We start to feel uneasy, however, when we read that death was the punishment for hitting a parent or kidnapping someone (vs15-16). And then we really squirm when we find that death was also the penalty for cursing your parents (v17) and constant drunkenness (Deuteronomy 21:18-21). Couldn’t they just imprison people for these ‘lesser’ crimes?
The answer is no – prison wasn’t an option. The Israelites lived firstly in tents and then in houses made of reinforced mud. Even stone walls were easy to break through – unless they were built from the huge, carefully carved blocks reserved for palaces. If they needed to detain someone, they would put them in a hole in the ground, but this was not a long-term humane possibility. The only other available punishments were fines and physical punishments ranging from whipping to maiming.
A Different Message
In the context of other ancient nations’ law codes, the Law of Moses has a clearly different message. I love the fact that the oldest large bodies of writing in the world are laws and religious texts – you could say that lawyers and priests vie with prostitutes for the title of the oldest profession! Hammurabi ruled Babylon in about 1800 BC with a set of laws recorded on huge stone columns in the shape of a finger pointing to the sky. One of them towers over visitors to the Louvre in Paris. What is interesting is that although these and other ancient Near Eastern law codes list crimes in language similar to the Old Testament, they have very different penalties.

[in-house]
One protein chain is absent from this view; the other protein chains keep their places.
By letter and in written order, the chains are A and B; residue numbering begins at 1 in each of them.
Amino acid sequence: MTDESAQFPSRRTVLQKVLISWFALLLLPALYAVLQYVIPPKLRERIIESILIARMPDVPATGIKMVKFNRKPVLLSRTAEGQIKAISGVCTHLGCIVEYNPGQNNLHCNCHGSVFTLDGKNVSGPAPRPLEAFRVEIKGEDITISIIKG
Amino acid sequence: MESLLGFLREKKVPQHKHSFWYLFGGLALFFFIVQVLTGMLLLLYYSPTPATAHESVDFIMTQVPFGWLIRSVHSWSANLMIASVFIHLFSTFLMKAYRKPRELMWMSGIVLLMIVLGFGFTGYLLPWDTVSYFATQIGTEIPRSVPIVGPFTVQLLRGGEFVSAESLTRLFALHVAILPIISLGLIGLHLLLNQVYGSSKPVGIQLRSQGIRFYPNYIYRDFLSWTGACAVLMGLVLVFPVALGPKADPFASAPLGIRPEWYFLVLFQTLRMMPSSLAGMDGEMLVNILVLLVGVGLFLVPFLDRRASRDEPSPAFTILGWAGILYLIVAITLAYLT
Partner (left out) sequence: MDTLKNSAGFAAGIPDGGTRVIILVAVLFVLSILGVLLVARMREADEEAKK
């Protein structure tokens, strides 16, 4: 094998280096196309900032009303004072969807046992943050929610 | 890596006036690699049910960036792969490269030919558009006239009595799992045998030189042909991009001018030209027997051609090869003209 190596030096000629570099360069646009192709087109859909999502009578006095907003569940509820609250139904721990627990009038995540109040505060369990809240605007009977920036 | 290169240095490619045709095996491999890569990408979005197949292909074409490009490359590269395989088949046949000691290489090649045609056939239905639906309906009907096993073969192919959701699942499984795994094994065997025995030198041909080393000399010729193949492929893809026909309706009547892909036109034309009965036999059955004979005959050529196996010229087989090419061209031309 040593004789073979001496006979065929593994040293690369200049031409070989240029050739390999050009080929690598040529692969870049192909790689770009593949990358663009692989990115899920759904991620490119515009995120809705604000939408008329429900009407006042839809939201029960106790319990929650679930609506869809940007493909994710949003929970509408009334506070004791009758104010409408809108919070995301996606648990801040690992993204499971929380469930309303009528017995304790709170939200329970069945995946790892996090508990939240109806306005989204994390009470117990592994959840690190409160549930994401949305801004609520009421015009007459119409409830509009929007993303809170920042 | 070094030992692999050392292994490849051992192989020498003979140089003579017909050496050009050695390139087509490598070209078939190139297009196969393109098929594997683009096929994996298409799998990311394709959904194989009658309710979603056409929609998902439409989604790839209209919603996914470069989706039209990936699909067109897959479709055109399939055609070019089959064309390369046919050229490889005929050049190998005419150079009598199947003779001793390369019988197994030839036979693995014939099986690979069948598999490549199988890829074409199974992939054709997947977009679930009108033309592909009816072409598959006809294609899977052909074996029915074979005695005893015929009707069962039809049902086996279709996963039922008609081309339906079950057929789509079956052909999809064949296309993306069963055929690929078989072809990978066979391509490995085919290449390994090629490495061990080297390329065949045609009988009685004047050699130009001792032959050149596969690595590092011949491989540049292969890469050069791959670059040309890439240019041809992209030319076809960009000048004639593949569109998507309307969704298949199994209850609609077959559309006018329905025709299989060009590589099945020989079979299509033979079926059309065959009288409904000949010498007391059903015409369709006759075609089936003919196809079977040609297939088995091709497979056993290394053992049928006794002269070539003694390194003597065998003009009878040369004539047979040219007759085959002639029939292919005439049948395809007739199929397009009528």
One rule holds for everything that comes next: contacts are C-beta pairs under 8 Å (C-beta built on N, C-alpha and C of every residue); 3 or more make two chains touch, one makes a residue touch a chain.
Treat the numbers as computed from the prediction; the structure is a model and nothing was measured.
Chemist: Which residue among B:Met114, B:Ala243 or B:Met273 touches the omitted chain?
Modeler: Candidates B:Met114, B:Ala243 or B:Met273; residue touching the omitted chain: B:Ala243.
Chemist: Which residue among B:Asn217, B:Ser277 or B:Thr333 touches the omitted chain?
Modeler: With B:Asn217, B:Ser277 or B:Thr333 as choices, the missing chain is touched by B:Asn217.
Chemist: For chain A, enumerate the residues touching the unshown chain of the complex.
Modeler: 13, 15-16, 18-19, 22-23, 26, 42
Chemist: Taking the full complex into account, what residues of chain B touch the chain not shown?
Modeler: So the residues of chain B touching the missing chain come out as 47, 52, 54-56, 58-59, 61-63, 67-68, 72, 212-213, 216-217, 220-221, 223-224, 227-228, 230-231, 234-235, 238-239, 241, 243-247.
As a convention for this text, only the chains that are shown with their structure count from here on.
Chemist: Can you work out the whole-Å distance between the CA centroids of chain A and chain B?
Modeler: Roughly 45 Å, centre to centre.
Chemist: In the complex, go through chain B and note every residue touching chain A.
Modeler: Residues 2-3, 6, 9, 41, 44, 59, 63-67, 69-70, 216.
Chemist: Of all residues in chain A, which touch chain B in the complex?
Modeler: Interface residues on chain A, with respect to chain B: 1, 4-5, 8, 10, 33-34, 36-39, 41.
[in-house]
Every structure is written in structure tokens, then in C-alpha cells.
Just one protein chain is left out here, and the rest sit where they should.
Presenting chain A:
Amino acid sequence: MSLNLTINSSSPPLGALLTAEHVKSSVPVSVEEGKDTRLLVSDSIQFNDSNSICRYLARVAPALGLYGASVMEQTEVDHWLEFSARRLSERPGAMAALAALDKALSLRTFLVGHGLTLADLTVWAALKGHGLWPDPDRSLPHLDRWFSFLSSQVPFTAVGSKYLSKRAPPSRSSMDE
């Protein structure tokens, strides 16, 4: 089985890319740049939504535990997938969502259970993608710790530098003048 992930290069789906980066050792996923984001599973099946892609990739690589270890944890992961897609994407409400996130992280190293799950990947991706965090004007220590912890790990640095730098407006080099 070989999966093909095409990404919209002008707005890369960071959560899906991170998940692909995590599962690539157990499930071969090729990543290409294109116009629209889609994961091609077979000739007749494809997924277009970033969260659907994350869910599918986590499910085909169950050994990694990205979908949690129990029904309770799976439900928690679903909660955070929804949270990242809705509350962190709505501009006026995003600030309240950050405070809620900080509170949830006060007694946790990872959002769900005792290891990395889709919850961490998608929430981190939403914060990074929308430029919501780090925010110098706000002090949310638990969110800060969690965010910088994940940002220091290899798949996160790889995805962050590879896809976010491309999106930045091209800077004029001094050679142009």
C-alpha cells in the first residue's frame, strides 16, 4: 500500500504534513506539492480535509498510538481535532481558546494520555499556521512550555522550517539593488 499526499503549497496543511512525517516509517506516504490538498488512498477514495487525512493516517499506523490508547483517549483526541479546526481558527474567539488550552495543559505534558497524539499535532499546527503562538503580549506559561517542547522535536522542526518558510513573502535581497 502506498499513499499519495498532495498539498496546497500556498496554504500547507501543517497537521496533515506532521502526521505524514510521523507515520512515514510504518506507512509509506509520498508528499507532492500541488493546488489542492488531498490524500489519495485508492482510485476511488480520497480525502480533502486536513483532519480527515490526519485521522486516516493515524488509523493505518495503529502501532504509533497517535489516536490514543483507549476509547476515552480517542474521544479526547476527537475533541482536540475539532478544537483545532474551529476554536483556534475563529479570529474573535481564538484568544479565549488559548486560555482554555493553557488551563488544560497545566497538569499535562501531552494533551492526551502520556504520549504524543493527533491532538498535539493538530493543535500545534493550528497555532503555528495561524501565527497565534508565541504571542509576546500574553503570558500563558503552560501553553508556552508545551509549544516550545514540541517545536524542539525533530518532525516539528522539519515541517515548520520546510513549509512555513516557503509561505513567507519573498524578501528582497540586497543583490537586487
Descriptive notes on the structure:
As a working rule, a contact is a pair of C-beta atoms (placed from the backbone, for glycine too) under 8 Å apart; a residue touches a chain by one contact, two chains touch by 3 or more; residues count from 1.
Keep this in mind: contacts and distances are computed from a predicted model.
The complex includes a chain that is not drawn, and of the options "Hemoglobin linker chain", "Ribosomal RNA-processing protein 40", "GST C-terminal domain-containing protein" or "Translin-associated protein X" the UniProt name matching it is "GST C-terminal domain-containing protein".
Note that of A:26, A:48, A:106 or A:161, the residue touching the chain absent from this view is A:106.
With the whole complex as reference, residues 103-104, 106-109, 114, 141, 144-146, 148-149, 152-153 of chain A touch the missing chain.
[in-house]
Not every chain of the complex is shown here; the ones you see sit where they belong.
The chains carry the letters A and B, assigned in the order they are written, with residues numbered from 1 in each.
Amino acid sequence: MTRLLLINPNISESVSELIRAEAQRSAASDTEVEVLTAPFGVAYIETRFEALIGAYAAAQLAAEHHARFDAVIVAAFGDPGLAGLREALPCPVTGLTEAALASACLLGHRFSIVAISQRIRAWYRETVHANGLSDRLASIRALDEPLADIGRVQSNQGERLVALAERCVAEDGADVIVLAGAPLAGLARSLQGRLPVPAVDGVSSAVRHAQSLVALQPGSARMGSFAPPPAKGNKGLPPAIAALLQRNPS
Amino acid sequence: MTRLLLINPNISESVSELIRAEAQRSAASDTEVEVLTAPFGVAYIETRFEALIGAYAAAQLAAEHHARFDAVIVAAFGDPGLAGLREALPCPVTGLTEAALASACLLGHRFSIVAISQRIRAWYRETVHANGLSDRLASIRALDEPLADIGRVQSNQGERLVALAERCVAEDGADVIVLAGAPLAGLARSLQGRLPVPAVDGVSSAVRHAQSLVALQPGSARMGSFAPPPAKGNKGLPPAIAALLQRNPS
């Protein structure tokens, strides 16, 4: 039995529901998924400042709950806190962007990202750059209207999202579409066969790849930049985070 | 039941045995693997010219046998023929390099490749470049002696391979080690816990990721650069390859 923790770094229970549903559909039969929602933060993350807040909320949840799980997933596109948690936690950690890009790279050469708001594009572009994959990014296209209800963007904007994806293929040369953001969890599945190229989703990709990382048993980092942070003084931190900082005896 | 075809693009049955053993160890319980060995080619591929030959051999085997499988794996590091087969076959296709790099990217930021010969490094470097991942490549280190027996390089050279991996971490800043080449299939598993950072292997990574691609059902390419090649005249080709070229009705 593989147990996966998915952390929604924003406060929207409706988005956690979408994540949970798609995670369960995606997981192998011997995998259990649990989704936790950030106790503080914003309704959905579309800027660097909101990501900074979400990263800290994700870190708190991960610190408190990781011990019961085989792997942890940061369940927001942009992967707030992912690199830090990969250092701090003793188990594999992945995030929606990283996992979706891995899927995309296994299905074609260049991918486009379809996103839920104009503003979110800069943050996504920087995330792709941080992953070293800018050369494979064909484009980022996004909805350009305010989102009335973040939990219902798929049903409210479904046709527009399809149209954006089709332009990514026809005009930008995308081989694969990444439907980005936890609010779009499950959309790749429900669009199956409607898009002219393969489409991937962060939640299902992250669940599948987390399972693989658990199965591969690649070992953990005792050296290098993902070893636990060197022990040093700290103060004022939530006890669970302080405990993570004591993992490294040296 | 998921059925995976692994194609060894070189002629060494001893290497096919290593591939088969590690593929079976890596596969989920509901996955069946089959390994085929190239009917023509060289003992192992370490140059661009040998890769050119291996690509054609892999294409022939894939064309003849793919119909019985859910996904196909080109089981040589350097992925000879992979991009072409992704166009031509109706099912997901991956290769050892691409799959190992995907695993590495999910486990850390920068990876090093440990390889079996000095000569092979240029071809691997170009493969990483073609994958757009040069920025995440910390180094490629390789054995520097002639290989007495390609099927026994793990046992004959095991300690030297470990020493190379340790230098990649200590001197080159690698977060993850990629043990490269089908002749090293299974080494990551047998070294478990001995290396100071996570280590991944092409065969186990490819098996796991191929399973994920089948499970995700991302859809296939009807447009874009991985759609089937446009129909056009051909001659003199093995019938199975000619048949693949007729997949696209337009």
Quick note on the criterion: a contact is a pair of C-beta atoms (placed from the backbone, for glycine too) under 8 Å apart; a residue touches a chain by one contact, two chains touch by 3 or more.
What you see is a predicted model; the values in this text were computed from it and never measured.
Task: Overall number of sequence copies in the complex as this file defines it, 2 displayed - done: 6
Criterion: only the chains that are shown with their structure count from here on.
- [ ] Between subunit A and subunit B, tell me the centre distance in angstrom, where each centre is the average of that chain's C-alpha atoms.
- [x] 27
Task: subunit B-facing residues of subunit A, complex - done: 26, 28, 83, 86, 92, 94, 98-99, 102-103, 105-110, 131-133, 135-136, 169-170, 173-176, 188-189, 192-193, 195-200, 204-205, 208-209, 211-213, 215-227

The Old Testament proclaims a surprising message to the world: People are more important than things. Israel’s penalties for crimes against people were very severe, but crimes against property had far less punishment.